The Check@Home project receives almost €9 million in funding from NWO, the Heart Foundation, the Kidney Foundation, the Diabetes Fund and private partners. In the project various TOPFIT parties, including hospitals, general practitioners and universities, are working together on a large national study into the early detection of diseases with home tests. These include heart, vascular and kidney diseases, and Type 2 diabetes. The Radboudumc in Nijmegen is coordinating the study in the Arnhem region together with the Arnhem hospital Rijnstate.
The Netherlands currently lacks a national and easily accessible approach for the early detection of Type 2 diabetes, cardiovascular diseases and chronic kidney damage. Many people do not know that they have these diseases because they do not experience clear symptoms. When these diseases fail to be detected and treated early, they can lead to serious complications such as kidney failure, stroke, heart attack, or heart failure. These complications have a major impact on quality of life, participation in society, and premature death.
The Check@Home project aims to set up a new population study in which everyone in the Netherlands between the ages of 50 and 75 can test at home whether they might have these disorders. In this project, a total of 160,000 people from Breda, Utrecht, Arnhem and Eindhoven will be invited to participate in the study. The home test packs consist of a urine test, a heart rhythm test and a questionnaire. Early signs of disease will be followed by a follow-up examination at a regional diagnostic center.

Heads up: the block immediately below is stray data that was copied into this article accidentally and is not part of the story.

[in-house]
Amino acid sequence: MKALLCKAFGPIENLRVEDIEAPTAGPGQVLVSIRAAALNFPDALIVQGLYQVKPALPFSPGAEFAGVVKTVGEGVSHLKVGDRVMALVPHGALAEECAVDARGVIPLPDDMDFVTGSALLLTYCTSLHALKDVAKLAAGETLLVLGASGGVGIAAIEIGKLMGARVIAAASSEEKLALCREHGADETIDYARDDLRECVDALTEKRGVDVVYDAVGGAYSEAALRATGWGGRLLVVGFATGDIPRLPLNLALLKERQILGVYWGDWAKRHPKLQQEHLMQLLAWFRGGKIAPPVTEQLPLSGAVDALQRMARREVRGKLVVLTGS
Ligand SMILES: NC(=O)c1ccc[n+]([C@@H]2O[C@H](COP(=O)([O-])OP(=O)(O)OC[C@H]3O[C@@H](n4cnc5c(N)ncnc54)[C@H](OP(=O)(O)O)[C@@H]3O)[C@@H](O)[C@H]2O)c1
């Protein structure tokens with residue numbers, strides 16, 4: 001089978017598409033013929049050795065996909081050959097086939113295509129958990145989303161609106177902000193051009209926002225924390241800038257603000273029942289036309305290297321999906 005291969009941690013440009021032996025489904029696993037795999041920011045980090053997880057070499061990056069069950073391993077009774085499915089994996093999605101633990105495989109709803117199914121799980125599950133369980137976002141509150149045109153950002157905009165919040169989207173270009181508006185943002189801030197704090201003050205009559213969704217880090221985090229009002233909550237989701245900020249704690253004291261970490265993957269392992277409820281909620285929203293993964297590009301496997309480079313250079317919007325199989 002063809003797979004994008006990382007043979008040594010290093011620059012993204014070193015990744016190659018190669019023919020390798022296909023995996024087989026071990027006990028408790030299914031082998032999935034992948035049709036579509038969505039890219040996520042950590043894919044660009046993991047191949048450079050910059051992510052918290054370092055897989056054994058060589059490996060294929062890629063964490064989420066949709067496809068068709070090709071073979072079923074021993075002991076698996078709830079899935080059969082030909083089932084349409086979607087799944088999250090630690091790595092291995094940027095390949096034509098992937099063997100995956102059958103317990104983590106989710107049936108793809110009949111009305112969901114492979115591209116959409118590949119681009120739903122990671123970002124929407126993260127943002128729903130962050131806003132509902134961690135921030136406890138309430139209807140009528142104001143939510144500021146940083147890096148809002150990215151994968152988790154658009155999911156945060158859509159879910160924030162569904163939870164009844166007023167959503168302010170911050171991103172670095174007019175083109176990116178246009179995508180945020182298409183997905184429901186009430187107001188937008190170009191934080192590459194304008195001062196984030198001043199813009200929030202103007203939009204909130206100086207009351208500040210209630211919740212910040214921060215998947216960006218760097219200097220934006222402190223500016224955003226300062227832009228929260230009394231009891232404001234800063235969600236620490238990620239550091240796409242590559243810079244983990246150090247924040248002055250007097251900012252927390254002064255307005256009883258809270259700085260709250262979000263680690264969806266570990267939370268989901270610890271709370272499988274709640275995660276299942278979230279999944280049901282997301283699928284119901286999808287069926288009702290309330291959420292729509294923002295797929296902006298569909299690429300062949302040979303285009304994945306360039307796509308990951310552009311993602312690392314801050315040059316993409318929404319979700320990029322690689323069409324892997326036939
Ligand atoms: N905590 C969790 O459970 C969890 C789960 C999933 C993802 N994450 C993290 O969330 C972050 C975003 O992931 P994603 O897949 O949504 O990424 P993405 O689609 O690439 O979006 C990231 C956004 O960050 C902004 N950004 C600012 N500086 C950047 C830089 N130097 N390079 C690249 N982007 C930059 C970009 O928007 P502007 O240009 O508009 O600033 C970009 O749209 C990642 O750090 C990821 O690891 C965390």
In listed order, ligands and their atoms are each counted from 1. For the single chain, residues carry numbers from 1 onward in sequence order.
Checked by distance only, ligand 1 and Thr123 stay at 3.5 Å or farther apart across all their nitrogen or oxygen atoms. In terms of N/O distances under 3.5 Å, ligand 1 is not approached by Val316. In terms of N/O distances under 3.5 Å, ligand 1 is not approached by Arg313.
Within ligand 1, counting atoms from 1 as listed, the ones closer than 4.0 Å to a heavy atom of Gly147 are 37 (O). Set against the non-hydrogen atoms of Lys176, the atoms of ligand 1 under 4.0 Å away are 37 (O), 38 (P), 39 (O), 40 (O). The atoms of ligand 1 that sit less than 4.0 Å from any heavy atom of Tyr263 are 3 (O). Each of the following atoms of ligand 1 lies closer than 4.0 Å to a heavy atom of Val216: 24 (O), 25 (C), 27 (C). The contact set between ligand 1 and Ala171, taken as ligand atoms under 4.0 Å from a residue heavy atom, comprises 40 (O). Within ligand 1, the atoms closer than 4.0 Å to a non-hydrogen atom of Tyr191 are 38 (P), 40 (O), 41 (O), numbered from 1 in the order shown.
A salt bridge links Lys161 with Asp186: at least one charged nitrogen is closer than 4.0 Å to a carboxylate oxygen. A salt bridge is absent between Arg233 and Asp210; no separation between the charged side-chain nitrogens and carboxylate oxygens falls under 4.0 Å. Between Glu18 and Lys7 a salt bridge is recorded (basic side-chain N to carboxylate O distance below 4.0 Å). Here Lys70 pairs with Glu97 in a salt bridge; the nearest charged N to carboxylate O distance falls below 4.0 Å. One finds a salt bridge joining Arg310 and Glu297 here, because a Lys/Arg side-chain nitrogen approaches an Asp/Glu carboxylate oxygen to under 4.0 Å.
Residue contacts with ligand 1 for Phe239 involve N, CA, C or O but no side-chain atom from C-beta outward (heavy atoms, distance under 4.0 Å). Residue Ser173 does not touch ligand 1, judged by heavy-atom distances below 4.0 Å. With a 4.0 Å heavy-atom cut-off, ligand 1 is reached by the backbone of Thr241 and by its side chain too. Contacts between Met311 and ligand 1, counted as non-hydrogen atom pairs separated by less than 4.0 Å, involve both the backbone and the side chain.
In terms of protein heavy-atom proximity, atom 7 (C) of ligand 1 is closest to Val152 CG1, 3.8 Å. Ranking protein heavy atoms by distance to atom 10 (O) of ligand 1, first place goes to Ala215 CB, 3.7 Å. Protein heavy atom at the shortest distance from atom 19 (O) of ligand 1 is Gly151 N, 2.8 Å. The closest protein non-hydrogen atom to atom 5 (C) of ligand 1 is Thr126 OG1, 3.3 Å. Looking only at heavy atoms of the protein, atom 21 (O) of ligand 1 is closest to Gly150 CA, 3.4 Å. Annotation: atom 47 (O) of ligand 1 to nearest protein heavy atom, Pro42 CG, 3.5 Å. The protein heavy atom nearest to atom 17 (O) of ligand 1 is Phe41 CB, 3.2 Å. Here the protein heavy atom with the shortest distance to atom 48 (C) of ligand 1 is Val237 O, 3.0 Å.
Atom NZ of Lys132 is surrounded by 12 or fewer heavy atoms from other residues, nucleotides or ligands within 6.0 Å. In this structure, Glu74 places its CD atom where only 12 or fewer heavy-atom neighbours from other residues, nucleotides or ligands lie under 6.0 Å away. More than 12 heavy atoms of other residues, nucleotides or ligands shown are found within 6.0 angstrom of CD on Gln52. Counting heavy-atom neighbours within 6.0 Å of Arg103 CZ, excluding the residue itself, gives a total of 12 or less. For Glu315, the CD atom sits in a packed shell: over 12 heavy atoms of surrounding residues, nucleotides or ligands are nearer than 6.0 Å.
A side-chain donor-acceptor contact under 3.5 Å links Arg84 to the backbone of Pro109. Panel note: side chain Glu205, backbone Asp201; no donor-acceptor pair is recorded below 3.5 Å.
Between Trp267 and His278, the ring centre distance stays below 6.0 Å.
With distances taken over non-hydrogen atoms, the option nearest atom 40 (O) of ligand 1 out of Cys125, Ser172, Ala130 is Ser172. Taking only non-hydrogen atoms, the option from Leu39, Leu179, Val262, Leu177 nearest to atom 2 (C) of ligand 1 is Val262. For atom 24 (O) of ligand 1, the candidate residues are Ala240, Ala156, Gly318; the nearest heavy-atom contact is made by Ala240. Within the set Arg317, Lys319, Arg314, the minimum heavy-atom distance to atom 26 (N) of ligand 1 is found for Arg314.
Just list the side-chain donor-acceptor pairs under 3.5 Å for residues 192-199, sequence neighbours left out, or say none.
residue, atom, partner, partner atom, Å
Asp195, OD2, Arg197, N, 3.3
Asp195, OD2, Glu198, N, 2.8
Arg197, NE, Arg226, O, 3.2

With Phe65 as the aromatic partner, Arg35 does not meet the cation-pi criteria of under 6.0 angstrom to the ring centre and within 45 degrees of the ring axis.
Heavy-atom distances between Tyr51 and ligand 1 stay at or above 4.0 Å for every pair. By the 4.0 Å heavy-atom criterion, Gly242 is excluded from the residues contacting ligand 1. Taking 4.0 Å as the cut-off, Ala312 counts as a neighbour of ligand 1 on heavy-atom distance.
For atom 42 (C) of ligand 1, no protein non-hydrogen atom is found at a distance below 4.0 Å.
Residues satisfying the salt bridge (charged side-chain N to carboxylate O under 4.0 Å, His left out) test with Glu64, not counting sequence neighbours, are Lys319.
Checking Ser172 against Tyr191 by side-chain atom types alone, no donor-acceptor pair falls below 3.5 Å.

Pim Assendelft, Professor of Prevention in Health Care, is involved from the Radboudumc: “With this new population study we expect to reduce the growth of the number of people with cardiovascular disease, type 2 diabetes and chronic kidney disease by a quarter over the next 10 years. If we can diagnose the disease, we can help people with targeted lifestyle advice, and medication where necessary. In this way, we greatly improve the quality of life and participation in society, while greatly reducing healthcare costs because we prevent worse.”
Radboudumc, together with Rijnstate, is taking responsibility for the implementation of the study in the Arnhem region. In addition, Assendelft is leading a large work package within the project that focuses on optimizing the process after a positive result from a home test. He says: “We are doing this by looking at the added value of a central care facility that relieves the GPs of their burden, and by paying a great deal of attention to lifestyle counseling. Doctors like to give pills, but sometimes lifestyle advice makes more sense, especially for the conditions in this project. This is another way in which we can relieve the burden on healthcare.” TU Twente is making an important contribution here.
Assendelft has been working on prevention and early detection of disease for years, including within the regional TOPFIT program, focused on healthy living. “Partly thanks to this regional cooperation, we are an attractive consortium partner for a beautiful and large project like Check@Home.”